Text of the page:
I would love to someday find myself sitting in the pew with you, sharing this amazing journey! Joanna — this is one of your best! I had tears in my eyes and goosebumps while reading it. Love the way you normalize the challenges of being married.
It does kick your butt!! As a budding feminist, I left the church in my teens. Forty plus years later I met my incredibly wonderful fabulous Mormon husband. This was hugely disappointing for him and created some very tense times. They may not convert, and it may not lead to marriage, but friendship and seeds can both be planted.
The pathway to conversion and to the temple looks different for everyone. God moves in a mysterious way. I home teach a sister who was originally sealed to a man who went south on her after six kids. She then dated and married a nice man who was not a member. We have almost got him baptized a few times, but no success yet. She had two children with him who are not sealed. None of her children are very active in the Church. One of the counselors in my stake presidency has a friend that dated a nonmember but refused to be engaged if he were not a member and she refused to be married unless it was in the temple.
He took the missionary lessons and joined and a year later took her to the temple. He is now an Area Authority Seventy. All of their children are married and sealed in the temple. I know others who have been prompted to initially marry out of the temple and their spouse later joined. However, most of those I know who have done that, their spouses have not yet joined or taken them to temple. I met a man years ago that told me his courtship story. He received a sports scholarship to a southern Utah college.
He came to school knowing nothing about the Church. In his first semester he noticed a gorgeous young lady and told his colleges that he wanted to date her. He was so smitten by her that he investigated the Church on his own and joined. Afterwards he asked her out and, to make a long story short, they were married on the temple and reared a very successful family. We ask those not married to set dating standards for themselves so that increasing emotional attachments that are apart of the dating process, including the increasing desire for full and complete intimacy drives them to marry someone less that they deserve and need.
Most of the time strict dating standards are very productive for our young adults. However, there is enough evidence that shows that the Lord directs some of our young adults into directions outside of the common standards as he has other plans for their lives. Dating should never be used as a religious rehab tool or a friendshipping method. Rescue and friendshipping in our church is the responsibility of the same sex youth and their leaders. They are the ones to reach out with open arms.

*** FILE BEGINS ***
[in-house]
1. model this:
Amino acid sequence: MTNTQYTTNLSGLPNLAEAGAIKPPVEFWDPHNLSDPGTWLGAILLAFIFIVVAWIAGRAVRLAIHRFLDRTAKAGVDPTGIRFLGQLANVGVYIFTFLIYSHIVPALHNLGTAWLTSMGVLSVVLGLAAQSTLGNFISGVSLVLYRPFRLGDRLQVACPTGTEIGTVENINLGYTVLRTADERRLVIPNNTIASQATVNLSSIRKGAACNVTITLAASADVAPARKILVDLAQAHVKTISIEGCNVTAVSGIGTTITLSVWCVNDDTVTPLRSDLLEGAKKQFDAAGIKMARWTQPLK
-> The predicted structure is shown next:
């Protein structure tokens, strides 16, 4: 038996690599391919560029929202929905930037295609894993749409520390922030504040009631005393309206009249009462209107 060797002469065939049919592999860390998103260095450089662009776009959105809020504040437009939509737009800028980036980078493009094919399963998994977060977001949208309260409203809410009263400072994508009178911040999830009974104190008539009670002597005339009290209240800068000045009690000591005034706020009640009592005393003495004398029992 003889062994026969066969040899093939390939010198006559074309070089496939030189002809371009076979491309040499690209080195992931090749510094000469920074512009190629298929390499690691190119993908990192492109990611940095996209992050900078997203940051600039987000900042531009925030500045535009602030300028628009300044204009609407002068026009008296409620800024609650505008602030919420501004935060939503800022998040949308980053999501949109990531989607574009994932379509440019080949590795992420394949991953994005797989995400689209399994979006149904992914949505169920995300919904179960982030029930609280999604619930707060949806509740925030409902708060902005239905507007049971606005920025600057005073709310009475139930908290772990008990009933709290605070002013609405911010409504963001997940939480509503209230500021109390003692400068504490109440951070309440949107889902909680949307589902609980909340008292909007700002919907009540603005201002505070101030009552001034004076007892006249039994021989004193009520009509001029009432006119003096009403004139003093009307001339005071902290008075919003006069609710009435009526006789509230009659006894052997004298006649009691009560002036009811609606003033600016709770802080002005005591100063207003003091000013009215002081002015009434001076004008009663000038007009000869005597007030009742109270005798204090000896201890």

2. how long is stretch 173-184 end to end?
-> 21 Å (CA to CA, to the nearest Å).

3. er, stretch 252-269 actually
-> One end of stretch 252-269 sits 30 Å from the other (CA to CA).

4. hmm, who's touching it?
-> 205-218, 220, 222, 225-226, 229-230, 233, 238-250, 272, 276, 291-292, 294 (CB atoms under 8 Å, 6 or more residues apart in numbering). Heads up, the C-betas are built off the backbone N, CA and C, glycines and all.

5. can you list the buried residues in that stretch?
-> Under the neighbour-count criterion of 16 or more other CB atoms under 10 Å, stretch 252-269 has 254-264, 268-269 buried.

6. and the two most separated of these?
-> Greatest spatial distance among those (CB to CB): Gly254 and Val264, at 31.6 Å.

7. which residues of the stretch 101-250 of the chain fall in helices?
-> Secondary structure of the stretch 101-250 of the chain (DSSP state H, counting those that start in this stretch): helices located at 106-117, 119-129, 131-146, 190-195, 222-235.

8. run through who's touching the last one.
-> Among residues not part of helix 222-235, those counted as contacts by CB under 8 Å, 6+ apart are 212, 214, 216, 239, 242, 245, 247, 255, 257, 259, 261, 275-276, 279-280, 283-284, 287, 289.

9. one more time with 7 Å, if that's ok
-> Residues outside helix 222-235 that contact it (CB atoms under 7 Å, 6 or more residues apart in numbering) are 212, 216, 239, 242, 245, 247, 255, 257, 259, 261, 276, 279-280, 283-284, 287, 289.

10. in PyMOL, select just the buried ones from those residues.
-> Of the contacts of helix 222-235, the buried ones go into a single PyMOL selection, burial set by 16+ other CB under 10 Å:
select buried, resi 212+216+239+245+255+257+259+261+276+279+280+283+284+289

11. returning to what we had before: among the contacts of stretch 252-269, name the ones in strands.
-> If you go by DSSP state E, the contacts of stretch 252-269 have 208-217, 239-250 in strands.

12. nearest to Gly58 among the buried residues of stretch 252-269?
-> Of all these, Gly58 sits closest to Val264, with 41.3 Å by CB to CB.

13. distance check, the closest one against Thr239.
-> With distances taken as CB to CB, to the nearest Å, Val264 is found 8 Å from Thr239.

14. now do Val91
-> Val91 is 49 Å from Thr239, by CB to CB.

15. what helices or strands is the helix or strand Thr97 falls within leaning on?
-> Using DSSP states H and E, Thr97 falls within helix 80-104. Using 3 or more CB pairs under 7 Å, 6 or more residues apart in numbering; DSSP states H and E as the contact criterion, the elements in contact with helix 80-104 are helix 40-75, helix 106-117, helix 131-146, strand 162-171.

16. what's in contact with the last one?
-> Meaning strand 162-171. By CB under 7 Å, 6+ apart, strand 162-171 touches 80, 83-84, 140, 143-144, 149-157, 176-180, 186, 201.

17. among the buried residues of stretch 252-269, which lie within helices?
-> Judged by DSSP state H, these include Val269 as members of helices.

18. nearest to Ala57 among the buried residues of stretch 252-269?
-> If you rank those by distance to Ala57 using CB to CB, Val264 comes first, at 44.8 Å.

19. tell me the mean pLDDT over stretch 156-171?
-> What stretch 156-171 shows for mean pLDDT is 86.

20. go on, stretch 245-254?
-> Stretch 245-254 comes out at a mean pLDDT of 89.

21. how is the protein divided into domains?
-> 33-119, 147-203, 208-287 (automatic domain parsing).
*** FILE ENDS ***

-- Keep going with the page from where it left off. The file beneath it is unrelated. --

I just had to accept the fact that I was not meeting their expectations, whatever they were, and it did not scar me for life. I eventually found a good women to marry in the temple whom I am very happy with. Thanks for all those great stories, Eric. Also, I appreciate your pointing out that nobody has the right to blame their destructive behavior on others.
I know that because my own husband befriended nonmembers because the kids in his ward would have nothing to do with him. As a people we love fellowshipping.
In mortality, it will forever be easier to sink to a lower level than rise to a higher one. Thanks for sharing your experience, Vickie. Even though some people may be inspired to date nonmembers in a fellowshipping sense, this is not something that comes without consequences. Sometimes, as your family members learned, the consequences do not have happy endings. I live in a place where Latter-day Saints are few in number. Active women outnumber active men. Why some women are deluged with proposals, and others have never even been kissed by the time they reach 40 still remains a mystery to me.
Most young women even if they are pretty and clever and good will hardly ever date if they stick with members — and we all hope they do, as if they date outside the church there is a certainty that their date will expect them to break the law of chastity with them after a few evenings out. If you can marry in the Church, or remain celibate, then great. Kimball said it was best to marry a nonmember as long as he was a good God-fearing person. But obviously younger women should only date members; dating non-members should only be done by those who have had no success finding a spouse inside the Church.